Zathony eases away from Stark, finally aware of his presence in her personal space. He inclines his head slowly. “As you will, Stark.”

     “As much as I’d like to agree with your notions of keeping the investigation quiet, we cannot. Not since Tyra was involved.”

     “What does she have to do with anything?” Stark asks with a worried tone.

     “I only told Tameri this, hoping not to cause a stir among the faculty, but she is the daughter of–”

     The office doors squeal as they part, alerting all the occupants. Stark’s knuckles liquefy briefly, but she reconstitutes them upon recognizing the intruder. She takes a step back as Tyra approaches, again dressed in her kimono.

     “Has Nuria awaken yet?” Neth asks hopefully.

     “No. I’m convinced she’ll be resting longer than we all anticipate. Which is why I’m here now. Before she awakens, we need to discuss her well-being. And future.”

     “And what can one child say to affect the future of another?” Zathony remarks with no veil on his condescension.

     “What I’m going to say cannot leave this circle,” she warns gravely. “Unfortunately, that means that no investigations can run regarding tonight’s events.”

     “That’s not possible. We have evidence of a serious crime. I will not let a hitman come onto this campus without consequence,” Stark argues.

     “There were consequences. Nuria vaporized her in self-defense. No harm done.”

     “No harm done? Are you–” Stark pauses sharply. None of Tyra’s former wounds exist anymore. Not the cut above her eye, no evidence of the limp she expressed on the way back to campus, and not the bruising on her throat. “Where did your wounds go?”

     “I have the ability to heal physical wounds. I used the power on Nuria before you and your officers arrived. That’s why she didn’t bleed out. And back to her. Nuria’s involvement in tonight’s incident will come to light should an investigation commence, which ultimately lead to my own exposure. And once my name is put onto any report, my mother will find out, and she will drill into Nuria’s life with a fine-toothed comb. And when she finds out what I learned tonight, Nuria and I will be taken away.”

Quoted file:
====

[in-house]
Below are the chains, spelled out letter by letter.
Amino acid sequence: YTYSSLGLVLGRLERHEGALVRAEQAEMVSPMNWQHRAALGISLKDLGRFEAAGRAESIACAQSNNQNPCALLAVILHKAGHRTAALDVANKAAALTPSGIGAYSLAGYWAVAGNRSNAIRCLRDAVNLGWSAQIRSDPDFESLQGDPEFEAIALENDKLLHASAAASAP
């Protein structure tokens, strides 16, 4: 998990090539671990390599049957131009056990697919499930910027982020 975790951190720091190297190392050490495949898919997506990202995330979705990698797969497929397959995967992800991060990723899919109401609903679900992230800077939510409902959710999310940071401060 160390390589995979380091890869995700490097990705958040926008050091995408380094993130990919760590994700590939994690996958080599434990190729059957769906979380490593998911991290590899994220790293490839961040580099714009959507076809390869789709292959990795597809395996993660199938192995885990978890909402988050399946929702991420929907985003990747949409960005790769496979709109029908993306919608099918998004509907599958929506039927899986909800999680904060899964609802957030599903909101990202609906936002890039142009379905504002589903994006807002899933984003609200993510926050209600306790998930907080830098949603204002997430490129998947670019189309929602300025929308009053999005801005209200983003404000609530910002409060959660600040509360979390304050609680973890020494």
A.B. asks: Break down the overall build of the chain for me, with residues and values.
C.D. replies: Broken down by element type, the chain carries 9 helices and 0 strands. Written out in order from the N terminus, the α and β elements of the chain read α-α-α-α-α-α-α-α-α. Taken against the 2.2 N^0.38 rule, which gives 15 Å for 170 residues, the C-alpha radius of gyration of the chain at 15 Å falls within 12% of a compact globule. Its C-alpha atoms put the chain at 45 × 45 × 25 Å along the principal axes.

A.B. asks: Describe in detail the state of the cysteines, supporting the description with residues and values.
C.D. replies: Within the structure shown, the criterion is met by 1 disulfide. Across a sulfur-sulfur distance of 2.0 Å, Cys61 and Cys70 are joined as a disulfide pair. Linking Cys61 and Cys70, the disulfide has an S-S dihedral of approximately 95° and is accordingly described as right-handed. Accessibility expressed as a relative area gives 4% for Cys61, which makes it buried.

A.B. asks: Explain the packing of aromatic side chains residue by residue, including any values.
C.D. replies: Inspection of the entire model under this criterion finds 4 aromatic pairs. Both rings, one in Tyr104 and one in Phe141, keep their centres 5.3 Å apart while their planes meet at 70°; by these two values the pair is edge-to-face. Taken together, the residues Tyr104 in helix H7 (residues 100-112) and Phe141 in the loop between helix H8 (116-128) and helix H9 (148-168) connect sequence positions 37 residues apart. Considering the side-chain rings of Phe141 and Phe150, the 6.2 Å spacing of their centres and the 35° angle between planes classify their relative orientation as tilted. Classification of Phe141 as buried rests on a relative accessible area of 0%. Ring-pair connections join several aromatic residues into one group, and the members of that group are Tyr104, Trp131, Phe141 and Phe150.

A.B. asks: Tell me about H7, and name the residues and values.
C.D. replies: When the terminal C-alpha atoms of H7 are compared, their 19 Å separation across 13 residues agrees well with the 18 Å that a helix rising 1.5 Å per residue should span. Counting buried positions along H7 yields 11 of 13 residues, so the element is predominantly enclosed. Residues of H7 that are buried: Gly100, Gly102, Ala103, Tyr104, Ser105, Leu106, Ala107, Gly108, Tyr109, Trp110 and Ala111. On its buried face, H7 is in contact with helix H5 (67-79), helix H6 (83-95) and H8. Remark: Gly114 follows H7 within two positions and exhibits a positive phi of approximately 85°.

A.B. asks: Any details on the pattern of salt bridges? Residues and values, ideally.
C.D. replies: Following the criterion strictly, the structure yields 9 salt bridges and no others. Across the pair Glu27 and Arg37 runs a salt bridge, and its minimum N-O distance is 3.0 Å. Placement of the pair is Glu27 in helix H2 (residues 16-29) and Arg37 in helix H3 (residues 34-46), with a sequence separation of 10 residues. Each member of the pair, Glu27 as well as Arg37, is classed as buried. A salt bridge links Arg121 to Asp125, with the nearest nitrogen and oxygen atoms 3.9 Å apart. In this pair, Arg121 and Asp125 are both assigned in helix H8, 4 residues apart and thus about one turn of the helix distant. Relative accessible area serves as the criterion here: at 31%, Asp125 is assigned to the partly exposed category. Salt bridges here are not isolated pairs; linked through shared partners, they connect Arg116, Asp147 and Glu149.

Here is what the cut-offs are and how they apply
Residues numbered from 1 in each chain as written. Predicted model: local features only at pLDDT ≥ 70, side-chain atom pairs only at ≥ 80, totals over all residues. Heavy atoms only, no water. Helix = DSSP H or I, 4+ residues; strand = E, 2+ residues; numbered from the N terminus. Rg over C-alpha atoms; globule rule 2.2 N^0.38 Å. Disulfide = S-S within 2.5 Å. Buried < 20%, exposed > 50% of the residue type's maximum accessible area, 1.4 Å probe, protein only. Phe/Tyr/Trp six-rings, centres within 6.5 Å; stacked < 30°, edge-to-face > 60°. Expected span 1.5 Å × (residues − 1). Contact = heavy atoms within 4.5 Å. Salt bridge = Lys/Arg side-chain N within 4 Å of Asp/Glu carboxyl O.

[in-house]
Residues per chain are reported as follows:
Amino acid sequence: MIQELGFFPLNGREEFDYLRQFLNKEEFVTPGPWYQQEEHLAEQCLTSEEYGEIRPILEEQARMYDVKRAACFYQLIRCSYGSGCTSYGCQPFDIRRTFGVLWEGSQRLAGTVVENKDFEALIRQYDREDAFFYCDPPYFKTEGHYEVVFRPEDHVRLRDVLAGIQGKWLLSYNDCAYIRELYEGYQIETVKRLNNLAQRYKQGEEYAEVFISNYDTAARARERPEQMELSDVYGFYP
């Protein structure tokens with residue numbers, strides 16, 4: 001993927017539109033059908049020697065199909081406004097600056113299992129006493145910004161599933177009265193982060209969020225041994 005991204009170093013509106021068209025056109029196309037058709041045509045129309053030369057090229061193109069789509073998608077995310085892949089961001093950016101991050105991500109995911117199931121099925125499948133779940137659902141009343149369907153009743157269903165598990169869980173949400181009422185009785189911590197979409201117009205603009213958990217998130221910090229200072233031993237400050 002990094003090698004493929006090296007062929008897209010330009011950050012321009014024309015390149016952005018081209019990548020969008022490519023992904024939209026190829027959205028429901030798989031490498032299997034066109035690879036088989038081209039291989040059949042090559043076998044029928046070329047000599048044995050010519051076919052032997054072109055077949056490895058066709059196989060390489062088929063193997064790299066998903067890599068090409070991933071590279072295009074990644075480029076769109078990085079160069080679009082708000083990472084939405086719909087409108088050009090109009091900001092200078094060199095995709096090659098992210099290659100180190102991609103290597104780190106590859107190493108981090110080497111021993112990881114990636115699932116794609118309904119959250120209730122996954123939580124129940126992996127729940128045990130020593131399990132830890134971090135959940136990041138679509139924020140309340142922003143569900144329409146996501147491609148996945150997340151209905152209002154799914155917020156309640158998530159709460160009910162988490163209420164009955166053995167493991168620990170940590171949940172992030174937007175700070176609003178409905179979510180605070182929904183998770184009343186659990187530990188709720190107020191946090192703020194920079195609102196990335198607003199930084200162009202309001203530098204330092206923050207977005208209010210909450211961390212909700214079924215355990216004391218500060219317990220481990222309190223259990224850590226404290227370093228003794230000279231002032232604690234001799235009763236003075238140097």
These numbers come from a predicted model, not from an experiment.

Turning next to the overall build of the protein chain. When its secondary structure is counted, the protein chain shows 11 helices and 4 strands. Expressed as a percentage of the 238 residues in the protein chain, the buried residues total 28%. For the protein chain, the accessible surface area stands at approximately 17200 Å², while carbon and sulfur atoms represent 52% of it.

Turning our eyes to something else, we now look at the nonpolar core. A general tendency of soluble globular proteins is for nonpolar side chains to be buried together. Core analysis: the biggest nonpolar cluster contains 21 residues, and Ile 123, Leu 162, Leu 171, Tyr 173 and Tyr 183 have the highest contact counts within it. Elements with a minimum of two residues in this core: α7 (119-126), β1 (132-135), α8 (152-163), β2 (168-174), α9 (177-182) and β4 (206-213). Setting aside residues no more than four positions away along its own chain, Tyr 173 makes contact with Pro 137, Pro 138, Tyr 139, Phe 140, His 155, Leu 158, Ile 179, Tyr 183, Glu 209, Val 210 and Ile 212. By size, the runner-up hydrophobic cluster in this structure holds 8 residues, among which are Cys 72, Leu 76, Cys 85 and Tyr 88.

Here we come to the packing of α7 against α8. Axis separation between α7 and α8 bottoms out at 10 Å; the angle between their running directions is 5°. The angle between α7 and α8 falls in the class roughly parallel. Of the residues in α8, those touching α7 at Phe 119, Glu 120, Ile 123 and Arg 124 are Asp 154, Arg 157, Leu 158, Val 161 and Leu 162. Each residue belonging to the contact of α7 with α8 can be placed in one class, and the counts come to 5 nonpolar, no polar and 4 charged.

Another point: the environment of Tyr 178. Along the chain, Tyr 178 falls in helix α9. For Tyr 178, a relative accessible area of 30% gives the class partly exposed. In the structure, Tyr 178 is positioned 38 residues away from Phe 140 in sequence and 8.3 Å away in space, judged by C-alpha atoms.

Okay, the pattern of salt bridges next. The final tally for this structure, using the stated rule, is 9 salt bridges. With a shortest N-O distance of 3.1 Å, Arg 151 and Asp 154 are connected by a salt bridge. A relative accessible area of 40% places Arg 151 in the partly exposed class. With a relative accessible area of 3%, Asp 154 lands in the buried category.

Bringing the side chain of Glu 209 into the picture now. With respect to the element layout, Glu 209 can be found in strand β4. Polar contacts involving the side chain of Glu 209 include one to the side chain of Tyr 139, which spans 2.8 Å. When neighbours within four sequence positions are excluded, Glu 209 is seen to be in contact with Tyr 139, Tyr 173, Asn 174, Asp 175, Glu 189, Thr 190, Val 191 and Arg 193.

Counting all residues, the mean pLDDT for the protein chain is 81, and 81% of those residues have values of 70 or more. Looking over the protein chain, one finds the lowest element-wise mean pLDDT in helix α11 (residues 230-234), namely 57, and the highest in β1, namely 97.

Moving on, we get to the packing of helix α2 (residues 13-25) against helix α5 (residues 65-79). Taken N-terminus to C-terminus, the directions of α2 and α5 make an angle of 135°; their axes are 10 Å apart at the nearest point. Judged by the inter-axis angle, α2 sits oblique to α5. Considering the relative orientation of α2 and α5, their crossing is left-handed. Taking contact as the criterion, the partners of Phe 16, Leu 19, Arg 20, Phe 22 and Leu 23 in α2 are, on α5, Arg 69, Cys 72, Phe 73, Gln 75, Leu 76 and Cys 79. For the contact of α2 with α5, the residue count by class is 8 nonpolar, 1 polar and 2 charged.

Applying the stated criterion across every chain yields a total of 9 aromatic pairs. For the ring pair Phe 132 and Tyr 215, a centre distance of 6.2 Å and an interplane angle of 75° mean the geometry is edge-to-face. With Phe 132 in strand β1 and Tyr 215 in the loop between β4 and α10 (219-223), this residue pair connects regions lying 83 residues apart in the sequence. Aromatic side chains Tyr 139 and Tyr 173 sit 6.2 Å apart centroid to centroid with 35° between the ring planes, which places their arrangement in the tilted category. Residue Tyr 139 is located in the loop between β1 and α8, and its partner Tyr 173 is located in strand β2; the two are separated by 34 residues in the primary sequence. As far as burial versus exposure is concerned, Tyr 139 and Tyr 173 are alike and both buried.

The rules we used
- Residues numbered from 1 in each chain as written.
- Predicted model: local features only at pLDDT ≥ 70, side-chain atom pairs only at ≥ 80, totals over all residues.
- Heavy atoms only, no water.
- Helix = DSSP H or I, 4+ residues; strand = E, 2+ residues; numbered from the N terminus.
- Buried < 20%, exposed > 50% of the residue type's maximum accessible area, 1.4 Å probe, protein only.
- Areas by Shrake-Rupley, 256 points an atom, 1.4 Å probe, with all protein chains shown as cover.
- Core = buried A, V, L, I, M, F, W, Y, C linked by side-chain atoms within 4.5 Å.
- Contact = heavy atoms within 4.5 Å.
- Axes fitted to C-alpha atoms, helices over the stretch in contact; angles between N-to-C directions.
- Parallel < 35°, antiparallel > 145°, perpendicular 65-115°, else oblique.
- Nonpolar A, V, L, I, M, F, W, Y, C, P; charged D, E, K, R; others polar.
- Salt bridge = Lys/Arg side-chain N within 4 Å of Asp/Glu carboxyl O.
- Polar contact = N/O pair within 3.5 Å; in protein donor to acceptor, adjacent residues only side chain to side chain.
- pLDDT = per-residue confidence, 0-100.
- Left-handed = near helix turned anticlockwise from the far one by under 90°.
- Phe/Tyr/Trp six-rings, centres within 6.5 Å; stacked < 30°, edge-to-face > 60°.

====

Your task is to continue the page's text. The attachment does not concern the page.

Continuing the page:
“And what did you learn tonight?” Neth inquires.

     “Nuria is a phoenix. I saw the immensity of her power first hand. I also believe it wasn’t a conscious effort on her behalf.”

     “That’s why the books affected her so,” Stark explains. “She knew she was a phoenix when she read them.”

     “Ah,” Zathony drags the syllable out. “She mentioned cages when I saw her rapidly packing her clothes to flee. She must’ve assumed I sent her there to taunt her.”

     “Did you?” Stark asks pointedly.

     “I’m not a monster. I sent her after what I believed would be normal catalogs. She only told me of big red wings. Nothing else.”

     “What would your mother do with Nuria should she learn of this?” Neth says. He rubs his fingers together briskly, afraid of the answer.

     “The outcome I see most probable is that she’ll be inducted into the Vanusi army, groomed to be a general. Phoenixes are but one of extremely rare Vanusi creatures she’d love to have in her regime.”

     “And you would hide this from her? Why?” Stark asks.

     Tyra sighs and proffers a white journal from behind her back. Strips of duct tape tie together in the shape of “D”. “Nuria saved my life tonight. I would not turn that service into something that would negatively impact her life.”

     Stark lifts the cover and finds a short sentence in the middle of the page.

“I place my trust in the intent of the actions of others, rather than the action itself.”